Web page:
Small- and mid-sized business optimism rose across Canada this month, while remaining stable in Newfoundland and Labrador.
The Canadian Federation of Independent Business released the results of its monthly “business barometer” — which asks business owners whether they expect their business’s performance to be stronger or weaker over the next year — on Thursday. A score of more than 50 on the index indicates more business owners expect better performance than weaker performance, and a score of less than 50 indicates the reverse.
Newfoundland and Labrador’s July index is 66.7, up 0.4 percentage points from June, above the national average of 64.2 and third-highest in the country behind Saskatchewan (71.2) and Alberta (66.8).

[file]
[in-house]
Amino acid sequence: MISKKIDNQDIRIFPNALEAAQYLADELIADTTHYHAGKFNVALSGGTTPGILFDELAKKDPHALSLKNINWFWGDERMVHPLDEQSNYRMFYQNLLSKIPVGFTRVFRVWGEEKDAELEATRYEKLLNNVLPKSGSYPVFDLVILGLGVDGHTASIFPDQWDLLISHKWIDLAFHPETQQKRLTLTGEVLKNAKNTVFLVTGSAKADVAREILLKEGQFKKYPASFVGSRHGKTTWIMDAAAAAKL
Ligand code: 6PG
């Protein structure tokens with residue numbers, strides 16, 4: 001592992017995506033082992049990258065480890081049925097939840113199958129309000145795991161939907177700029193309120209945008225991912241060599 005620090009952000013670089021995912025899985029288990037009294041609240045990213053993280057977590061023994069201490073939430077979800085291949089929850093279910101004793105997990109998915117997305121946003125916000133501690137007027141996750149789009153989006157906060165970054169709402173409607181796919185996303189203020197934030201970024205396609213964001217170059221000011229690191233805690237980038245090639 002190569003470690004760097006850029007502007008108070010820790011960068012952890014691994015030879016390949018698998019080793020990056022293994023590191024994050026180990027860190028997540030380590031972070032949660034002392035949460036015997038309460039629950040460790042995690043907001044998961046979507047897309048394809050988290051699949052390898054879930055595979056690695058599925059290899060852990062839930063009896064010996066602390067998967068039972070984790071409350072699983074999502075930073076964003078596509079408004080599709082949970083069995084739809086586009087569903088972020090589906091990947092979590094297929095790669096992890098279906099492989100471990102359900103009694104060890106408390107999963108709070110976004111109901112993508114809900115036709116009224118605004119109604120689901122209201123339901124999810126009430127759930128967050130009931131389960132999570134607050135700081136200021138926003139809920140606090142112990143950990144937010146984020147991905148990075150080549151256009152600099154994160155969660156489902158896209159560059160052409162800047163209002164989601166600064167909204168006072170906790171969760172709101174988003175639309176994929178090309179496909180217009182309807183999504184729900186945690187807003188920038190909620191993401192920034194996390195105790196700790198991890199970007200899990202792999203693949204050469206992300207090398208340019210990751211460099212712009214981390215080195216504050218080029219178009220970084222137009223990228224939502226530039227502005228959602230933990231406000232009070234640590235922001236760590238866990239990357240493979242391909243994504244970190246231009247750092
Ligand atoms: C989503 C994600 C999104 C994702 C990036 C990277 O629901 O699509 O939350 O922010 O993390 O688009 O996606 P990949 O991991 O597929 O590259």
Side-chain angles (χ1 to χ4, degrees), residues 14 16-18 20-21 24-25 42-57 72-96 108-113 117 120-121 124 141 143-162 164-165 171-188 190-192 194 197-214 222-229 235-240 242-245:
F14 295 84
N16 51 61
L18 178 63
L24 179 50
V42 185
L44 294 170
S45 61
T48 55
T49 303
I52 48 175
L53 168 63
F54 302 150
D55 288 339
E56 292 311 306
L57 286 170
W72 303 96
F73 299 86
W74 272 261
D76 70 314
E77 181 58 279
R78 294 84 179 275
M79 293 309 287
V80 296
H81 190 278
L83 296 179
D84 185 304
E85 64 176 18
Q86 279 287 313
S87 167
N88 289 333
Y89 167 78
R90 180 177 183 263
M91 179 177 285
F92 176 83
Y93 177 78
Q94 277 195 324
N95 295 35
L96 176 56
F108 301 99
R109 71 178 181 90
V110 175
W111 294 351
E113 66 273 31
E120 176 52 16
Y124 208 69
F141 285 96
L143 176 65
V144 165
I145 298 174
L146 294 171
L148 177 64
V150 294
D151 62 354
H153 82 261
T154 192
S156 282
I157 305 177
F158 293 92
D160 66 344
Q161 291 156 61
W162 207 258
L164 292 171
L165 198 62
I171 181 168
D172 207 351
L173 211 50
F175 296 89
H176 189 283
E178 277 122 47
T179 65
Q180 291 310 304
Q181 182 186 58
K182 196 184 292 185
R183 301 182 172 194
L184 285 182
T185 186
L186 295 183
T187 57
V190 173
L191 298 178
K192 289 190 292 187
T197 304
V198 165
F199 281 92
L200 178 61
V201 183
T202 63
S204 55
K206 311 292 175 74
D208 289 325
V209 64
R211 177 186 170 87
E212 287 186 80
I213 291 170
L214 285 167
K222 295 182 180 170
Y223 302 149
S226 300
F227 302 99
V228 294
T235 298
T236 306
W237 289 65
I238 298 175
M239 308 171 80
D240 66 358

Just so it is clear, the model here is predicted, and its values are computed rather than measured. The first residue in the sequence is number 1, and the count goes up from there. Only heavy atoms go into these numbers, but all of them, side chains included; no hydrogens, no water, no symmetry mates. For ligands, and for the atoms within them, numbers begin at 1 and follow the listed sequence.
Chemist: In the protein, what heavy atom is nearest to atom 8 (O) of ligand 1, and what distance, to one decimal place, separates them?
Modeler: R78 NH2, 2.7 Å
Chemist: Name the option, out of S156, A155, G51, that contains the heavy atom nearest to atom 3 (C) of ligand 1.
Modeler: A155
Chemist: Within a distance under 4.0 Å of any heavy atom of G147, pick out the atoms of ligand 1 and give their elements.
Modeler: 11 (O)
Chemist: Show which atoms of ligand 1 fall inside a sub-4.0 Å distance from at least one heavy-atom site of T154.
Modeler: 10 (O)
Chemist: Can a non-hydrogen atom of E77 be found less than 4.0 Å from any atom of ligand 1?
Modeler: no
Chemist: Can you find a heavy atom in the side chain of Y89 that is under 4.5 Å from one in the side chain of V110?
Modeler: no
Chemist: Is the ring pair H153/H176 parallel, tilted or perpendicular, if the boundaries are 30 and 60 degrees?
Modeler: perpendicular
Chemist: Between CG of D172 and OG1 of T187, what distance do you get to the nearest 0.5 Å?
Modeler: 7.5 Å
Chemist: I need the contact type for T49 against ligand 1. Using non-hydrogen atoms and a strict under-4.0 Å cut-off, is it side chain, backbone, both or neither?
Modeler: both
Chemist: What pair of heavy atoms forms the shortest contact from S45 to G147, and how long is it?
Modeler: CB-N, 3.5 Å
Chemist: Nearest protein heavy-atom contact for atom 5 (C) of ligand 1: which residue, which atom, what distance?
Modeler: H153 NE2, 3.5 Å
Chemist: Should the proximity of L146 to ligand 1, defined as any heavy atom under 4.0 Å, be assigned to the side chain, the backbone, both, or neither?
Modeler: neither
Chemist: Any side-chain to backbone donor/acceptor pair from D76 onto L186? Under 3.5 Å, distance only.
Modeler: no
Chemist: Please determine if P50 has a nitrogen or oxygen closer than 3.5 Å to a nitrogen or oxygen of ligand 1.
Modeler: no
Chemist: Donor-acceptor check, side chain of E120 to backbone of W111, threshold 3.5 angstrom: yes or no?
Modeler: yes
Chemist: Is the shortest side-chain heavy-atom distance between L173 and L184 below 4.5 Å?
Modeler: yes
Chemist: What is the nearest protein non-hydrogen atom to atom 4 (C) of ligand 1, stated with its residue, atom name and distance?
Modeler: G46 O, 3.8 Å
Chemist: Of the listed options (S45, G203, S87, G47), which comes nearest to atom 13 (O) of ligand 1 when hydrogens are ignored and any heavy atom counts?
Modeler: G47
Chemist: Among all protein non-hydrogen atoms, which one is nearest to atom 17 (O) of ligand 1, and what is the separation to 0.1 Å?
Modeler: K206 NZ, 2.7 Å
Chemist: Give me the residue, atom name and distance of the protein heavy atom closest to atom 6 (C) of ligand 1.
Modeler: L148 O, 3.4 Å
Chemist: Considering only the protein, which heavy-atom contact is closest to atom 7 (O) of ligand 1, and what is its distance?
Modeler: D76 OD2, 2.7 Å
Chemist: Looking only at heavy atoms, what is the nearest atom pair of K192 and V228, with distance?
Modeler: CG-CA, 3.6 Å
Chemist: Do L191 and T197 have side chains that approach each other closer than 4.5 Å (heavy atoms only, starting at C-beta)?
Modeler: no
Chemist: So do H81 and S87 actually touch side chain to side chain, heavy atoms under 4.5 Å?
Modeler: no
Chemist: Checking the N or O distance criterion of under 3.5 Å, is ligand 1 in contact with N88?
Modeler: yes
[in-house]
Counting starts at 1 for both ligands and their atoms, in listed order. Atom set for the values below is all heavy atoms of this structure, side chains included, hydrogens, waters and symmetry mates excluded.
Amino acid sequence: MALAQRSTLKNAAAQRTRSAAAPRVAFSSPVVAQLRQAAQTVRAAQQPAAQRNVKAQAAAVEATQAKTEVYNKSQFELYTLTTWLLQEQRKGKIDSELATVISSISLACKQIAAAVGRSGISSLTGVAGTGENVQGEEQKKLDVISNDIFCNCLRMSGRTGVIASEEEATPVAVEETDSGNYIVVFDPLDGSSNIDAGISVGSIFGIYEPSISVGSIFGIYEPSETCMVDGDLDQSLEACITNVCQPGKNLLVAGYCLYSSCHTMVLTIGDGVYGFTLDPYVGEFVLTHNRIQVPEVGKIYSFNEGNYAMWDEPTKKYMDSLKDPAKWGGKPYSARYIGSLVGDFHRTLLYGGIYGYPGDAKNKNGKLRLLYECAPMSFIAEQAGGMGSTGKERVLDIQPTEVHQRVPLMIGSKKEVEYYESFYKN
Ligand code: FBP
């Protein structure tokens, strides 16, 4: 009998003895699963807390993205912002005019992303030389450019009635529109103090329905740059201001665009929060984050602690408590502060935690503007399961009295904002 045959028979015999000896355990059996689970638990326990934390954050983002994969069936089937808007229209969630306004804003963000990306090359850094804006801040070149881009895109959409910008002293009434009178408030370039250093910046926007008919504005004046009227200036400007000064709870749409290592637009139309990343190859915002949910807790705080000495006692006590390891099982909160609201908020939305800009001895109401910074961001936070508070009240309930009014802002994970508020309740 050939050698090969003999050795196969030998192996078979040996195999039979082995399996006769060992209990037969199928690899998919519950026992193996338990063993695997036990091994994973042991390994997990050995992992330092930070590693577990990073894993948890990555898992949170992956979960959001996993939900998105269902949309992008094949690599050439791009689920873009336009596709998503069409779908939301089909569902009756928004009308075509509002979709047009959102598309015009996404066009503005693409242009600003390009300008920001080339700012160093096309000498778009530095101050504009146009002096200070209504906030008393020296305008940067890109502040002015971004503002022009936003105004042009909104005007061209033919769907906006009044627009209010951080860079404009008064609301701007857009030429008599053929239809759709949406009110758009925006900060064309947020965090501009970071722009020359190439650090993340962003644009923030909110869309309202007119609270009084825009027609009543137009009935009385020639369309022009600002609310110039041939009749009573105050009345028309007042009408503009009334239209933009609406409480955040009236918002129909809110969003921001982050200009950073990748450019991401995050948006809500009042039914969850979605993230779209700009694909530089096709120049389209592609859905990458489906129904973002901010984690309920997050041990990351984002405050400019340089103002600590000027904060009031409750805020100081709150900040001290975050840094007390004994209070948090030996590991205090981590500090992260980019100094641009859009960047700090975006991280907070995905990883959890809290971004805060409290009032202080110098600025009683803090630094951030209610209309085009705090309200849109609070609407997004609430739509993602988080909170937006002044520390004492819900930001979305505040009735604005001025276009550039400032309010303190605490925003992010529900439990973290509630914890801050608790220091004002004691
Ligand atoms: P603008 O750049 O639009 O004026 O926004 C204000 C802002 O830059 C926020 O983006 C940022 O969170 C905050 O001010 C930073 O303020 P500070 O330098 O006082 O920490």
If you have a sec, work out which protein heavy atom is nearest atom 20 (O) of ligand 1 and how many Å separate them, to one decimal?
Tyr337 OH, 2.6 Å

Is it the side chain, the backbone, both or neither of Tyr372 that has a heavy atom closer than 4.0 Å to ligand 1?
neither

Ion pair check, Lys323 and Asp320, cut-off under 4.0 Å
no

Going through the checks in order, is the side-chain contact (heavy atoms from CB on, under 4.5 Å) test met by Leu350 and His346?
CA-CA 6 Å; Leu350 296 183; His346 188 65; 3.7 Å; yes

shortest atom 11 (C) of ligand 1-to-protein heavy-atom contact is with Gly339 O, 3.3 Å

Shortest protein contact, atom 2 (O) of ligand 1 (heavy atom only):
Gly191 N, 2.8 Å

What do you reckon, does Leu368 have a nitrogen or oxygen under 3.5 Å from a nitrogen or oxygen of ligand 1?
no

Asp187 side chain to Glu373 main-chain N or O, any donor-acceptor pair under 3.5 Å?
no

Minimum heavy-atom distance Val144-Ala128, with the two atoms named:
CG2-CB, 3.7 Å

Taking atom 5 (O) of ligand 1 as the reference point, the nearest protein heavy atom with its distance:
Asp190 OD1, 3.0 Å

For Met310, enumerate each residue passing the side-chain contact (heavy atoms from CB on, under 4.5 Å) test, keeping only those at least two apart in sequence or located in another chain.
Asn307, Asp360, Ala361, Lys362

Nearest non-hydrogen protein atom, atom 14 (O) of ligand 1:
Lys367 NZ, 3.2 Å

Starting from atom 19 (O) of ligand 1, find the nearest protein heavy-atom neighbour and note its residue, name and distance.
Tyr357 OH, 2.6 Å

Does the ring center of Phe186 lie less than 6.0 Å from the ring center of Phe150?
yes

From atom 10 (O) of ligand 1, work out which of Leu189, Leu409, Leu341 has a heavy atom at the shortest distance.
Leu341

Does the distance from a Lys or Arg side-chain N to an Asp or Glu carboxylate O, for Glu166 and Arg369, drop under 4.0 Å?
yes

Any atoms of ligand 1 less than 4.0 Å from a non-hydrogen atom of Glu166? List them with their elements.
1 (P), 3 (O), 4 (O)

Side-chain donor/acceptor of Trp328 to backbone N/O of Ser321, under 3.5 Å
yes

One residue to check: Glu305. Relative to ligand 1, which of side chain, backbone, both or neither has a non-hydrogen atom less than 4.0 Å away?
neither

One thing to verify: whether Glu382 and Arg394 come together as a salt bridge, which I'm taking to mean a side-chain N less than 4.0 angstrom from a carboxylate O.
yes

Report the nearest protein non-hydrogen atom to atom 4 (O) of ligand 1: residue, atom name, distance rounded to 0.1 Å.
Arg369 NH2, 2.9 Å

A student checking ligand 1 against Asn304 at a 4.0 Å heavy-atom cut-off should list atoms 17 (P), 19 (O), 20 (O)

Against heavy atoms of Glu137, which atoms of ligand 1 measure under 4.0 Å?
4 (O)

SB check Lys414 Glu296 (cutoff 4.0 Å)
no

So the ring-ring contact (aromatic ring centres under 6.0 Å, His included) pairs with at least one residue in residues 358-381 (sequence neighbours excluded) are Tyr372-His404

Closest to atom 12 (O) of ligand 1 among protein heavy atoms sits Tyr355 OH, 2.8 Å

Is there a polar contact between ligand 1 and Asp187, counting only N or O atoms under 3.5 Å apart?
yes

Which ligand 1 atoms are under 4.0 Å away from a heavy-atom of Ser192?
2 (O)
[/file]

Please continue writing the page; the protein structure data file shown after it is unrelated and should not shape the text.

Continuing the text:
The survey also asks businesses what they consider to be limiting sales or production growth, and major cost constraints.
A shortage of skilled labour was cited as a limitation by 29 per cent of Newfoundland and Labrador businesses surveyed. Twenty per cent of businesses also reported a shortage of semi- or unskilled labour, and
16 per cent cited insufficient domestic demand. The most common ma-jor cost constraint was tax and regulatory costs, reported by 45 per cent of surveyed businesses. Insurance costs and fuel/energy costs were cited by 38 per cent of businesses each.